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Banded Horntail (Urocerus gigas flavicornis)


Detailing the physical features, habits, territorial reach and other identifying qualities of the Banded Horntail



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Image Credit: Dan and Catie B. from Ketchikan, AK
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Image Credit: Taken in Kelowna, BC
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A Banded Horntail seems like its a mean wasp with a long, nasty stinger, but its looks don't do its passive nature justice.



Updated: 01/26/2021; Authored By Staff Writer; Content ©www.InsectIdentification.org
Though adults appear menacing to humans, Banded Horntails are not aggressive and do not sting nor bite. Long, tubular bodies have prominent yellow bands at the end of the abdomen. The alarm coloration is often the precursor to unnecessary panic thanks to the stiff 'horntail' at the tip of the abdomen. Females have what appear to be two 'stingers'. The longer, syringe-like one is actually an ovipositor. This strong organ is used to punch holes into hard tree trunks and then inject eggs into the wood. The hope is that burying the eggs deeper into wood will offer them more protection. The larvae of Banded Horntails have enemies. They are sought out and eaten by the growing larvae of other parasitic wasps that were laid on the same tree trunk. If the Horntail larvae survive the hunt, they will feed on the interior wood of the tree, tunneling through vascular tissue, and eventually emerge as adults.

Males have been seen clustering together at high ground while they wait for females to come and mate with them. This behavior is called "hilltopping". Once they have mated, adult females work tirelessly, boring as many holes and laying as many eggs as they can before dying. Adults only live for about 3 to 4 weeks. In that short life span, a female can lay over 300 eggs, each in their own hole. The whole life of a Banded Horntail, from larva to adult, can last 3 years.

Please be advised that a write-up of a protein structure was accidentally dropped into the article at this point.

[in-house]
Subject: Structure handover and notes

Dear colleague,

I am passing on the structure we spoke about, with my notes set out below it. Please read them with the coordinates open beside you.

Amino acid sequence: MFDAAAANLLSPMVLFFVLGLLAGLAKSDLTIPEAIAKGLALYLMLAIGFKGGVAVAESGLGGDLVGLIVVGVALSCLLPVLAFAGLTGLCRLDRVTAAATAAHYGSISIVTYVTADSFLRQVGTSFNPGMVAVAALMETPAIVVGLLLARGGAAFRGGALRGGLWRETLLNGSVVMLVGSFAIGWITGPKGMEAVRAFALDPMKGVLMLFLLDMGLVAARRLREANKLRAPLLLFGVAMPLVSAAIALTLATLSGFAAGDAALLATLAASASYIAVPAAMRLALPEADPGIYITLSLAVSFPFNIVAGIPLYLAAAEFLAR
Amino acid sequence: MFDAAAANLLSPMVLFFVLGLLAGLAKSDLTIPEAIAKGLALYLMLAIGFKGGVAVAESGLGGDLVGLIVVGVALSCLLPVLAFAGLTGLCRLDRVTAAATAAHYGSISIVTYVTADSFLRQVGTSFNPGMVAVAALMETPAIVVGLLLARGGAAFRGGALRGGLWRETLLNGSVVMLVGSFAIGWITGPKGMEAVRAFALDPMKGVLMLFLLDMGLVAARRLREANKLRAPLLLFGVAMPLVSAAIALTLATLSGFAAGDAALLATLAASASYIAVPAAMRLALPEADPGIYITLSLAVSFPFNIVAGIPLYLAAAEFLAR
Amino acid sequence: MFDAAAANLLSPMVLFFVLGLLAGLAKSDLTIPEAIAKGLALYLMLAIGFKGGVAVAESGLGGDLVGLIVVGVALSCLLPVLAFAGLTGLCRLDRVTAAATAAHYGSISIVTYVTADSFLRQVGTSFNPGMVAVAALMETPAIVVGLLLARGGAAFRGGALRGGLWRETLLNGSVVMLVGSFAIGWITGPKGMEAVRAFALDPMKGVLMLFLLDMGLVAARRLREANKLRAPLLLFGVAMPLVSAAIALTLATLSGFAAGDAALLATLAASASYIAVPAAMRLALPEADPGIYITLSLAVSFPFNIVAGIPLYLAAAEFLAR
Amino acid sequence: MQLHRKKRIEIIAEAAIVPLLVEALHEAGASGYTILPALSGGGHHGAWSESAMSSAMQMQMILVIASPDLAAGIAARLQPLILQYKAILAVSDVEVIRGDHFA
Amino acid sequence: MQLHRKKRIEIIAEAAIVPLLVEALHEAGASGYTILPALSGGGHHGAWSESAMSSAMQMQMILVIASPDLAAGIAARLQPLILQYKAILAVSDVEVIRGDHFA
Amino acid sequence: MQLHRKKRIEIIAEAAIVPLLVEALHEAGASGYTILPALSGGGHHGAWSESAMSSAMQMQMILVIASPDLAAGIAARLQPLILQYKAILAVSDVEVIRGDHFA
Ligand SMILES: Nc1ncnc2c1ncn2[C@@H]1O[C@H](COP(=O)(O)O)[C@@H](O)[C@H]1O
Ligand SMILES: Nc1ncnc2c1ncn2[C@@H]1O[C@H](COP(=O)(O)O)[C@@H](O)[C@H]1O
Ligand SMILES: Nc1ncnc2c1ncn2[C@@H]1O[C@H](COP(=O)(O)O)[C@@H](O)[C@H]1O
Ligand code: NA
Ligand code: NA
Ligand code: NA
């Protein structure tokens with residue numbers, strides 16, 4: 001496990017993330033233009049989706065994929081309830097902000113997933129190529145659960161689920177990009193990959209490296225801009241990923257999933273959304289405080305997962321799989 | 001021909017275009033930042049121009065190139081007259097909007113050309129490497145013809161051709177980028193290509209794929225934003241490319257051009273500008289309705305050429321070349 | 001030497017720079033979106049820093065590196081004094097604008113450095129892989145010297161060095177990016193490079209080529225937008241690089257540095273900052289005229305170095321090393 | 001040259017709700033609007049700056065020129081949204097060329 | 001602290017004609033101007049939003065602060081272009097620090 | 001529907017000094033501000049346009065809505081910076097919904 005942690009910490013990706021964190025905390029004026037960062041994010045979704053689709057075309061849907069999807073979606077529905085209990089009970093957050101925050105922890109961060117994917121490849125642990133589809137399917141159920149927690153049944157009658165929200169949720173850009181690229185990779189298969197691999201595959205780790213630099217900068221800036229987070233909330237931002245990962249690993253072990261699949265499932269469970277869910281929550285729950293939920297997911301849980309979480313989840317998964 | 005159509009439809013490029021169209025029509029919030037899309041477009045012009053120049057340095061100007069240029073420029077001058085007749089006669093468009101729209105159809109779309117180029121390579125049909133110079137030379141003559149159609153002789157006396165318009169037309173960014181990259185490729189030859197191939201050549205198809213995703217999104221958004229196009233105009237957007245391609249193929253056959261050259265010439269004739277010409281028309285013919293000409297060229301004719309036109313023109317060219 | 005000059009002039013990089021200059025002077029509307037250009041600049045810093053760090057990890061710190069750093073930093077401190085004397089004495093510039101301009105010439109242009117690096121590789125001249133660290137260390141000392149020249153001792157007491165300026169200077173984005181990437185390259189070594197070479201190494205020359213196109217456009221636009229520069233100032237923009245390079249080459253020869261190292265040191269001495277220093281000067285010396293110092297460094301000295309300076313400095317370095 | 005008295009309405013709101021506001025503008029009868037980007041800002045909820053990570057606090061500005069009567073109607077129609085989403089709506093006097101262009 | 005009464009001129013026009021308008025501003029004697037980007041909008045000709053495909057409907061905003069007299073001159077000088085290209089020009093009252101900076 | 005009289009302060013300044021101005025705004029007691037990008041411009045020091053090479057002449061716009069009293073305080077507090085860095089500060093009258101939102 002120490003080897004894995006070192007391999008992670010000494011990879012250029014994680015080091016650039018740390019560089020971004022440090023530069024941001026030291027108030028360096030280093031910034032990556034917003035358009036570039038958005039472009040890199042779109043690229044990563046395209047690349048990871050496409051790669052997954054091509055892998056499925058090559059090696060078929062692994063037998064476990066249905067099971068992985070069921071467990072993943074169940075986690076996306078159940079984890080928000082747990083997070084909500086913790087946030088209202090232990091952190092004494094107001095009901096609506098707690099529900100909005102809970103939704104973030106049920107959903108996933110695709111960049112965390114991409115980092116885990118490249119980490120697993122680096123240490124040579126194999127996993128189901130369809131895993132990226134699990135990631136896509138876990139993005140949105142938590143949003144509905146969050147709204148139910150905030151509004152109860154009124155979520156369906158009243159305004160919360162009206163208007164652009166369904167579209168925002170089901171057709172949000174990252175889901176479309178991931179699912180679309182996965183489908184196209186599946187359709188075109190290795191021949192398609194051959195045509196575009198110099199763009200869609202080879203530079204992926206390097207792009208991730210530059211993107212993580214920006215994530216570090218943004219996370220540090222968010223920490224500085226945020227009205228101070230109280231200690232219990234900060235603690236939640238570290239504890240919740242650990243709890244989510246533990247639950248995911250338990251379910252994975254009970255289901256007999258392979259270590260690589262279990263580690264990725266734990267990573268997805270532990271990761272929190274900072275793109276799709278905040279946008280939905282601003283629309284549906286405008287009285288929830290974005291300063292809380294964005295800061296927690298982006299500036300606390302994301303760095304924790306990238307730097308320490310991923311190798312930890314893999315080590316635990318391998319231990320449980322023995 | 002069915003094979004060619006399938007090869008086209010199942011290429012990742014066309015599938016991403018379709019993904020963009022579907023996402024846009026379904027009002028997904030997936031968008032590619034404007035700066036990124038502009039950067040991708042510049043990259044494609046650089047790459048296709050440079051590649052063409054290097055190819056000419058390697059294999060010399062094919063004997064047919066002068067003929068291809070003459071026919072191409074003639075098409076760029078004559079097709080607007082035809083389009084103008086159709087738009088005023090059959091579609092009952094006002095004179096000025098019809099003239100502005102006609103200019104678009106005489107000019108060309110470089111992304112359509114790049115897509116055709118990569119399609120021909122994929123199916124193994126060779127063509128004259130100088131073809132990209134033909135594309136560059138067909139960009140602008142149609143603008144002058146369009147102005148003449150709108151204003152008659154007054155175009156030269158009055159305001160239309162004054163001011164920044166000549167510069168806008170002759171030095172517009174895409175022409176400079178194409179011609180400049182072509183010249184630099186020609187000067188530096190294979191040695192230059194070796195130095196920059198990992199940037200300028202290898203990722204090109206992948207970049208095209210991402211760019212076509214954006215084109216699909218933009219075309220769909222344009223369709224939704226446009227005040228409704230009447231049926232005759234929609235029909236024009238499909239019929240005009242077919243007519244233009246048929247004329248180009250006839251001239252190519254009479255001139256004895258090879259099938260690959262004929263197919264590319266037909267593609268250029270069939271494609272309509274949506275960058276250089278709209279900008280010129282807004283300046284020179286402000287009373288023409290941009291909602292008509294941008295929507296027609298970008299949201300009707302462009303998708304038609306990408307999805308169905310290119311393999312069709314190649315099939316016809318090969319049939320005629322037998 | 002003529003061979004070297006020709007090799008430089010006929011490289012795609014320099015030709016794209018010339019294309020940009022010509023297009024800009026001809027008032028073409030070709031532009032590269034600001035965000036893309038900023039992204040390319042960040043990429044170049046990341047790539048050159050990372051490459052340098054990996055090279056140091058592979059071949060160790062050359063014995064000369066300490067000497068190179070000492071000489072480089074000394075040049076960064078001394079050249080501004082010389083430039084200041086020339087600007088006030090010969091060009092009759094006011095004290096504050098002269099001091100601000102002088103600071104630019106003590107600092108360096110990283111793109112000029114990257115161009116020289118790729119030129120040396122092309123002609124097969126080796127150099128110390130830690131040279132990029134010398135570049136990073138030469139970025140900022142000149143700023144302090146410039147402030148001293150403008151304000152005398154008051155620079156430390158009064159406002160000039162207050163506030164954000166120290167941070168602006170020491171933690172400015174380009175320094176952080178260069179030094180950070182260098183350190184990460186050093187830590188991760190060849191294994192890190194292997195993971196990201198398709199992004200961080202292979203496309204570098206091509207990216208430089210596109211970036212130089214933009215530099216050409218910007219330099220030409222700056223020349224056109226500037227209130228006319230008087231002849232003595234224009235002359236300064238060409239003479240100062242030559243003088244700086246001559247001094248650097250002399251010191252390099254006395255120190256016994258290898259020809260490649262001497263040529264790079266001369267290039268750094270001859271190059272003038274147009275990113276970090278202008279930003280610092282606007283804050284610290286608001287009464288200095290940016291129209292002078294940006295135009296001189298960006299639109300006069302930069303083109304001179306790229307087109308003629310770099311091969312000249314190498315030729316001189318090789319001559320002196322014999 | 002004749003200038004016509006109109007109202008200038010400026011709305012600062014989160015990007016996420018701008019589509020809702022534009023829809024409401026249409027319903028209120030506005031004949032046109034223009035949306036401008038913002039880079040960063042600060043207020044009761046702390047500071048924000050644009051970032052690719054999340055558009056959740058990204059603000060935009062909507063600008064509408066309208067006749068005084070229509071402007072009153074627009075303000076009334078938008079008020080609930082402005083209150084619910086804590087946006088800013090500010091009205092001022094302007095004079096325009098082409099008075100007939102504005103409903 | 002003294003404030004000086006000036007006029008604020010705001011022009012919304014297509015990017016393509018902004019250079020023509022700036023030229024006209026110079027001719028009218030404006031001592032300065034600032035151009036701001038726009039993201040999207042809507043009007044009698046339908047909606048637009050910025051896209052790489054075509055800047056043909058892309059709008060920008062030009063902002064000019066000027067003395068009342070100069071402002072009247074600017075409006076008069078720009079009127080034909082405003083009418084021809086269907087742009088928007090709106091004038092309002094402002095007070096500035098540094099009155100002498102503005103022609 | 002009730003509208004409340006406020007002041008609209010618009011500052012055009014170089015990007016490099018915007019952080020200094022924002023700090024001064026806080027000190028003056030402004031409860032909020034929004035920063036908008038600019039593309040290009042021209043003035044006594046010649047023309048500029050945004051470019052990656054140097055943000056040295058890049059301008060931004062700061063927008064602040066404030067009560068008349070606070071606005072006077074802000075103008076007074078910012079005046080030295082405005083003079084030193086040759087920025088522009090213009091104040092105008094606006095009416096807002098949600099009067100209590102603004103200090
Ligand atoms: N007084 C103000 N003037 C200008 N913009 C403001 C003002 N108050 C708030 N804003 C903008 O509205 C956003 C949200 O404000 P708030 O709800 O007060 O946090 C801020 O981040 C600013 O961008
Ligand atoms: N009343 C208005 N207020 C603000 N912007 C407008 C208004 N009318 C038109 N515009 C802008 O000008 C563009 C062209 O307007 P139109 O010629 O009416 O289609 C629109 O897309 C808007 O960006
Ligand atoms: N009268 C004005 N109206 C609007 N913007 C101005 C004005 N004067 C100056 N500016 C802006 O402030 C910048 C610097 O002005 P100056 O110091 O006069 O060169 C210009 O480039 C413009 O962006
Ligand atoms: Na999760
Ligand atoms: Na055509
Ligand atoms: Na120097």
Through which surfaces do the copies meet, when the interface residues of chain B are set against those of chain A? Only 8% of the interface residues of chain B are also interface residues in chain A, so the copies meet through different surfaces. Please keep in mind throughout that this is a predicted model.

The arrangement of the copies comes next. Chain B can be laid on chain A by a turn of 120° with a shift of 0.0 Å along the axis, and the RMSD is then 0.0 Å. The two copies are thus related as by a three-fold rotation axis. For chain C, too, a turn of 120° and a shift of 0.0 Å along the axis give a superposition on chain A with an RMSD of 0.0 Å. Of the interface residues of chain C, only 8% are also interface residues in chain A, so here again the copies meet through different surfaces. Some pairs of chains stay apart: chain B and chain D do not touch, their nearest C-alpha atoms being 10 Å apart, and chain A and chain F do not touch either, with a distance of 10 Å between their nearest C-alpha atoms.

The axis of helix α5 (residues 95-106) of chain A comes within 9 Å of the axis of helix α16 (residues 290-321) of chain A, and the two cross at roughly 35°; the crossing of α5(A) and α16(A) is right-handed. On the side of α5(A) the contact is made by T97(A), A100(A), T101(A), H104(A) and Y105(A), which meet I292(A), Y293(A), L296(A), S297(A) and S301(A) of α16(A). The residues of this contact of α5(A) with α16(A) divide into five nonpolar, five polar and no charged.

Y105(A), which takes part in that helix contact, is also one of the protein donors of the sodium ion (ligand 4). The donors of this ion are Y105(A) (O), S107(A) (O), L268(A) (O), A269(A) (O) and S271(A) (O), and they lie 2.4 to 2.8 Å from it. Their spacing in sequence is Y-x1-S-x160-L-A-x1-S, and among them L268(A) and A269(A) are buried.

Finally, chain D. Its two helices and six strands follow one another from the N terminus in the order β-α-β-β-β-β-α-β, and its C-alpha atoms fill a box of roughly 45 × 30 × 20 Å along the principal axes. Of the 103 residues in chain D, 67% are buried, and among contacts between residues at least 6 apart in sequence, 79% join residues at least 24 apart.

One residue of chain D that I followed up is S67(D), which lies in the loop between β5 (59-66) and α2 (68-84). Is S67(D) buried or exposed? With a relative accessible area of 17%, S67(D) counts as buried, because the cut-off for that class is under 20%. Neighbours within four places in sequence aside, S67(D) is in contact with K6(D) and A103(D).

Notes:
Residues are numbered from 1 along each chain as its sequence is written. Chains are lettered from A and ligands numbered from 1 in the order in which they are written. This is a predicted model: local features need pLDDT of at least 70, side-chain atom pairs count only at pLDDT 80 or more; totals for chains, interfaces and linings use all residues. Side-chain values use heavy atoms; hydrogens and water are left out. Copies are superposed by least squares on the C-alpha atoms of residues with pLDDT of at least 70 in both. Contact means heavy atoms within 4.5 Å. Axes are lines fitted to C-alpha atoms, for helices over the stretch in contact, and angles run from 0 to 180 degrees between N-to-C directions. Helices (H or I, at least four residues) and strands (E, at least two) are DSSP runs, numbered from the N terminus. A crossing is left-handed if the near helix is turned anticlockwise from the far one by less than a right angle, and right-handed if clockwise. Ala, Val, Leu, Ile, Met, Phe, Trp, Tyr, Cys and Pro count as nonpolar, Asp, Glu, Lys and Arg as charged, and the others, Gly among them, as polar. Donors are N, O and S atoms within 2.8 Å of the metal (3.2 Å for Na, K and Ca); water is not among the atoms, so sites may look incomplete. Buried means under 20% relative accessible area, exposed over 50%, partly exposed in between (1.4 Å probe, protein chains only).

Because this species prefers conifer trees like pine, it is not uncommon to see young adults indoors as they emerge from wood that was harvested years prior and used to build things (like furniture) while they were still developing larvae. The tunneling can impact the beauty of the wood, affecting its usability, so Horntails are generally considered a nuisance in the lumber industry.




General Characteristics
Capability, Shape, Texture/Pattern, Benefits, Dangers
Flying insect icon
Harmless insect icon
Striped or banded insect icon




Taxonomic Hierarchy
Species Breakdown
Kingdom: Animalia
  Phylum: Arthropoda
    Class: Insecta
      Order: Acari
        Family: Siricidae
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          Genus: Urocerus
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            Species: gigas flavicornis
Identifying Information
Size, Colors, Features
Scientific Name: Urocerus gigas flavicornis
Other Name(s): Greater Horntail
Category: Bee, Ant, Wasp and Similar
Size (Adult; Length): 12mm to 40mm (0.47" to 1.57")
Colorwheel Graphic Colors: black, yellow, brown
Descriptors: band, stripe, tail, spine, flying, harmless, wasp, clusters, wood wasp
Relative Size Comparison
Typical Range Between 12mm and 40mm
Lo: 12mm
Md: 26mm
Hi: 40mm
Territorial Map*
U.S., Canada, and Mexico
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Alaska  
Hawaii  
Prince Edward Is.  
* MAP NOTES: The territorial heat map above showcases (in red) the states and territories of North America where the Banded Horntail may be found (but is not limited to). This sort of data is useful when attempting to see concentrations of particular species across the continent as well as revealing possible migratory patterns over a species' given lifespan. Some insects are naturally confined by environment, weather, mating habits, food resources and the like while others see widespread expansion across most, or all, of North America. States/Territories shown above are a general indicator of areas inhabited by the Banded Horntail. Insects generally go where they please, typically driven by diet, environmental changes, and / or mating habits.

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